Several recent ion channel structures have revealed large side portals, or 'fenestrations' at the interface between their transmembrane helices that potentially expose the ion conduction pathway to the lipid core of the bilayer. In a recent study we demonstrated that functional activity of the TWIK-1 K2P channel is influenced by the presence of hydrophobic residues deep within the inner pore. These residues are located near the fenestrations in the TWIK-1 structure and promote dewetting of the pore by forming a hydrophobic barrier to ion conduction. During our previous MD simulations, lipid tails were observed to enter these fenestrations. In this addendum to that study, we investigate lipid contribution to the dewetting process. Our results demonstrate that lipid tails from both the upper and lower leaflets can occupy the fenestrations and partially penetrate into the pore. The lipid tails do not sterically occlude the pore, but there is an inverse correlation between the presence of water within the hydrophobic barrier and the number of lipids tails within the lining of the pore. However, dewetting still occurs in the absence of lipids tails, and pore hydration appears to be determined primarily by those side-chains lining the narrowest part of the pore cavity.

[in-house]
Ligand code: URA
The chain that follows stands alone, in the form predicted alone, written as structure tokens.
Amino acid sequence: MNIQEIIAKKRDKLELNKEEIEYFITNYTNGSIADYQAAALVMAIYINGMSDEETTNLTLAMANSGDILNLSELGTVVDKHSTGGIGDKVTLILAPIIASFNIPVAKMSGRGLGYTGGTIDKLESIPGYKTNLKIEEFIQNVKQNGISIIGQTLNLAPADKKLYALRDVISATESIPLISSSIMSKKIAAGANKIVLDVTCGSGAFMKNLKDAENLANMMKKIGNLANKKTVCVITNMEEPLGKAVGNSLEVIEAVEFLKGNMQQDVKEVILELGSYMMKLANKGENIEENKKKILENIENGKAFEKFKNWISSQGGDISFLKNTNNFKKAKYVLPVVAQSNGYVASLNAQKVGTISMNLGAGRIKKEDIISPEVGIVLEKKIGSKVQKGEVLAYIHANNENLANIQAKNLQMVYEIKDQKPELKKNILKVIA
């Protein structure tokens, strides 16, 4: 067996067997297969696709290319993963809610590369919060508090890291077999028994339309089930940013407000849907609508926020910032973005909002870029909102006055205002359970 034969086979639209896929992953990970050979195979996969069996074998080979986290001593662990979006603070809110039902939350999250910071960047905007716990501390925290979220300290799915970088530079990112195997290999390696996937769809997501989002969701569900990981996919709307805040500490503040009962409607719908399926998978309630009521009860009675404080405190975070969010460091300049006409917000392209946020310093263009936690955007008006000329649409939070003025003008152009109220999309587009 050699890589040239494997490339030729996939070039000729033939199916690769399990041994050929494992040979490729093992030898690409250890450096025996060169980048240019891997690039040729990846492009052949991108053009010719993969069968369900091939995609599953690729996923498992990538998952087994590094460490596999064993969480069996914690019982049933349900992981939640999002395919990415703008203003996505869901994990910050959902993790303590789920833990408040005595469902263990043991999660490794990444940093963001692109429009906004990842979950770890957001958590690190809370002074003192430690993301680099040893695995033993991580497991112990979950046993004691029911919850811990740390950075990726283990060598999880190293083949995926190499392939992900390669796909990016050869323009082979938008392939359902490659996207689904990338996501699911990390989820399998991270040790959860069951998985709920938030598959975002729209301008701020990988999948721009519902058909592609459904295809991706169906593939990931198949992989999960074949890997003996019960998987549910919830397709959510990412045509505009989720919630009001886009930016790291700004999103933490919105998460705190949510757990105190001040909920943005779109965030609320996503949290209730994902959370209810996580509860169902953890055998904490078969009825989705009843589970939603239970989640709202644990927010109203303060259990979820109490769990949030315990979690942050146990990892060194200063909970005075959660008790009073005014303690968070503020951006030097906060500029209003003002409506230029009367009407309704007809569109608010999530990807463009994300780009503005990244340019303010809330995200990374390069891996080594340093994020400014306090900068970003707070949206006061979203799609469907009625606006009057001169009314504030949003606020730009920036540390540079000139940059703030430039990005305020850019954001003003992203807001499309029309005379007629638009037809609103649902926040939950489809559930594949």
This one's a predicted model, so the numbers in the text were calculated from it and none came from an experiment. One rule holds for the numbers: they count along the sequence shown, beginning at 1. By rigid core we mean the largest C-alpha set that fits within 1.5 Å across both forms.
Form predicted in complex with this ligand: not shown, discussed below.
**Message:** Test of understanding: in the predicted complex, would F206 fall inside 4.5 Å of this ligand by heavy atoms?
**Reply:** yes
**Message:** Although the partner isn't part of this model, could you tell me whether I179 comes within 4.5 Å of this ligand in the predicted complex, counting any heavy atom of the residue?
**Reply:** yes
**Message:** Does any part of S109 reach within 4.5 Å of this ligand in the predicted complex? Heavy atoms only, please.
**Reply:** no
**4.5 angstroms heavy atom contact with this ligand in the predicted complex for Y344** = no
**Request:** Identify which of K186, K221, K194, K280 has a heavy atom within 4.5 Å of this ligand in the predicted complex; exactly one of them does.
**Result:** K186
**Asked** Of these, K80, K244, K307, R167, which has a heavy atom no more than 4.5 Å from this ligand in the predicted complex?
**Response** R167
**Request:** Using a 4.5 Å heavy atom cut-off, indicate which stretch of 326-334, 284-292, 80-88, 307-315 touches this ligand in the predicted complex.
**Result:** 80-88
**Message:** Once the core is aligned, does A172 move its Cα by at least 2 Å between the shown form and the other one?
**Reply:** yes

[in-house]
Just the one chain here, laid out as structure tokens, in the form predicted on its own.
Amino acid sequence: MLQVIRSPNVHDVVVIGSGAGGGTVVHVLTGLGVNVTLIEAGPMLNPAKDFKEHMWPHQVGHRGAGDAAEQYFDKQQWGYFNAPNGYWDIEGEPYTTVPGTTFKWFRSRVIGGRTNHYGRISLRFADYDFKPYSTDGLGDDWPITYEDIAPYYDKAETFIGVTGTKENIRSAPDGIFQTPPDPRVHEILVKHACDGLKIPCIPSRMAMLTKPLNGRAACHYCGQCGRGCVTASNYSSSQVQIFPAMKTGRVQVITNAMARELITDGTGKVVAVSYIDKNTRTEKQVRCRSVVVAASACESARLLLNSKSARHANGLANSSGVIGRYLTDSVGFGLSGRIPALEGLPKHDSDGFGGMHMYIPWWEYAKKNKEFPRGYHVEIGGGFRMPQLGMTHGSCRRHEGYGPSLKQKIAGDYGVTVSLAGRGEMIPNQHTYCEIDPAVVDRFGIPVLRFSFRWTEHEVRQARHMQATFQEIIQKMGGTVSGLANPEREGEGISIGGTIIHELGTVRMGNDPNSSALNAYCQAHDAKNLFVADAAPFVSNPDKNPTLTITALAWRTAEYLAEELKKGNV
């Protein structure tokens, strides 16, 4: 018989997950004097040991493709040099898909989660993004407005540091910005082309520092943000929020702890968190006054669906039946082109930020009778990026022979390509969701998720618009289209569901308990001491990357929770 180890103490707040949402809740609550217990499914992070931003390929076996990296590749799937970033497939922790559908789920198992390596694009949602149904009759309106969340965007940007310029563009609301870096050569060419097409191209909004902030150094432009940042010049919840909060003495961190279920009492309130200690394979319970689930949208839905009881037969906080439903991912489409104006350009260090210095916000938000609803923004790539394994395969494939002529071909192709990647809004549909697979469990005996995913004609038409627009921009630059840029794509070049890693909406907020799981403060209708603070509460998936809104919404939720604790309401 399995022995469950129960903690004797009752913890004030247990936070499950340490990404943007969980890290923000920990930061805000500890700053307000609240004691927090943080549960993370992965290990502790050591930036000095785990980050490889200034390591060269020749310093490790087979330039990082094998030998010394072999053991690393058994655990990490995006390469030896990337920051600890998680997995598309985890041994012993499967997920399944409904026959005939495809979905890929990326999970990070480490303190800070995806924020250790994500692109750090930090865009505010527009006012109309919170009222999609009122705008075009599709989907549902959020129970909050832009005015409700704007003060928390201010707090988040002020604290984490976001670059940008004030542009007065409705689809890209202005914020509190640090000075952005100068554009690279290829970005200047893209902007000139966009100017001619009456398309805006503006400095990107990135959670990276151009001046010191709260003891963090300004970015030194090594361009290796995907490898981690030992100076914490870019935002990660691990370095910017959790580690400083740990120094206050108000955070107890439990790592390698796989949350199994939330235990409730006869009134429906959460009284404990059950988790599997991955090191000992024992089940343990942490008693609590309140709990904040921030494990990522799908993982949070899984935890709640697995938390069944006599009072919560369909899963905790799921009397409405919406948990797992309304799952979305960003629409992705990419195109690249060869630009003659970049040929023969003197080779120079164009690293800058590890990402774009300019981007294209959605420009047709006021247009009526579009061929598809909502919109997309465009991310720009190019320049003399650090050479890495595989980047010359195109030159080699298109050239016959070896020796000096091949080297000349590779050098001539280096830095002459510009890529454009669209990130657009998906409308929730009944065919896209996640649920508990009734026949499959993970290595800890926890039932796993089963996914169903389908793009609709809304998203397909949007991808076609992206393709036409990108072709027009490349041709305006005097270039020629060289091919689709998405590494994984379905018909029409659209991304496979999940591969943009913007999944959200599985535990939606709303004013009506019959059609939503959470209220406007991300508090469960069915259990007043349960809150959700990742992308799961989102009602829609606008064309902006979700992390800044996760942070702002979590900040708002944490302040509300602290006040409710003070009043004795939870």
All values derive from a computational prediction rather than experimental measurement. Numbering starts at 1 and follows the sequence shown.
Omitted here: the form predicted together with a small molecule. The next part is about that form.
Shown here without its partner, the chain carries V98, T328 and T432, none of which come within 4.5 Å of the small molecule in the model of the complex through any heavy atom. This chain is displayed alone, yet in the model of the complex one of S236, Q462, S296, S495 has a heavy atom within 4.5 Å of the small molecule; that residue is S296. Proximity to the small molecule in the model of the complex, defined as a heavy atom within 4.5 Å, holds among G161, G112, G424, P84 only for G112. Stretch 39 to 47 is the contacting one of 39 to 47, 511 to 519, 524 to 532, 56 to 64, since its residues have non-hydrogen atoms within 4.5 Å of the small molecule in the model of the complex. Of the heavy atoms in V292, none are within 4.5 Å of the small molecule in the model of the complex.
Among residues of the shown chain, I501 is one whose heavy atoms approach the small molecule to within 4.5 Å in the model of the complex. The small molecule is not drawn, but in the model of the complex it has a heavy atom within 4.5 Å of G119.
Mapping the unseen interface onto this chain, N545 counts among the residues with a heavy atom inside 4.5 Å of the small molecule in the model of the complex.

Keywords: K2P channel; Potassium channel; TWIK-1; hydrophobic gating; lipid.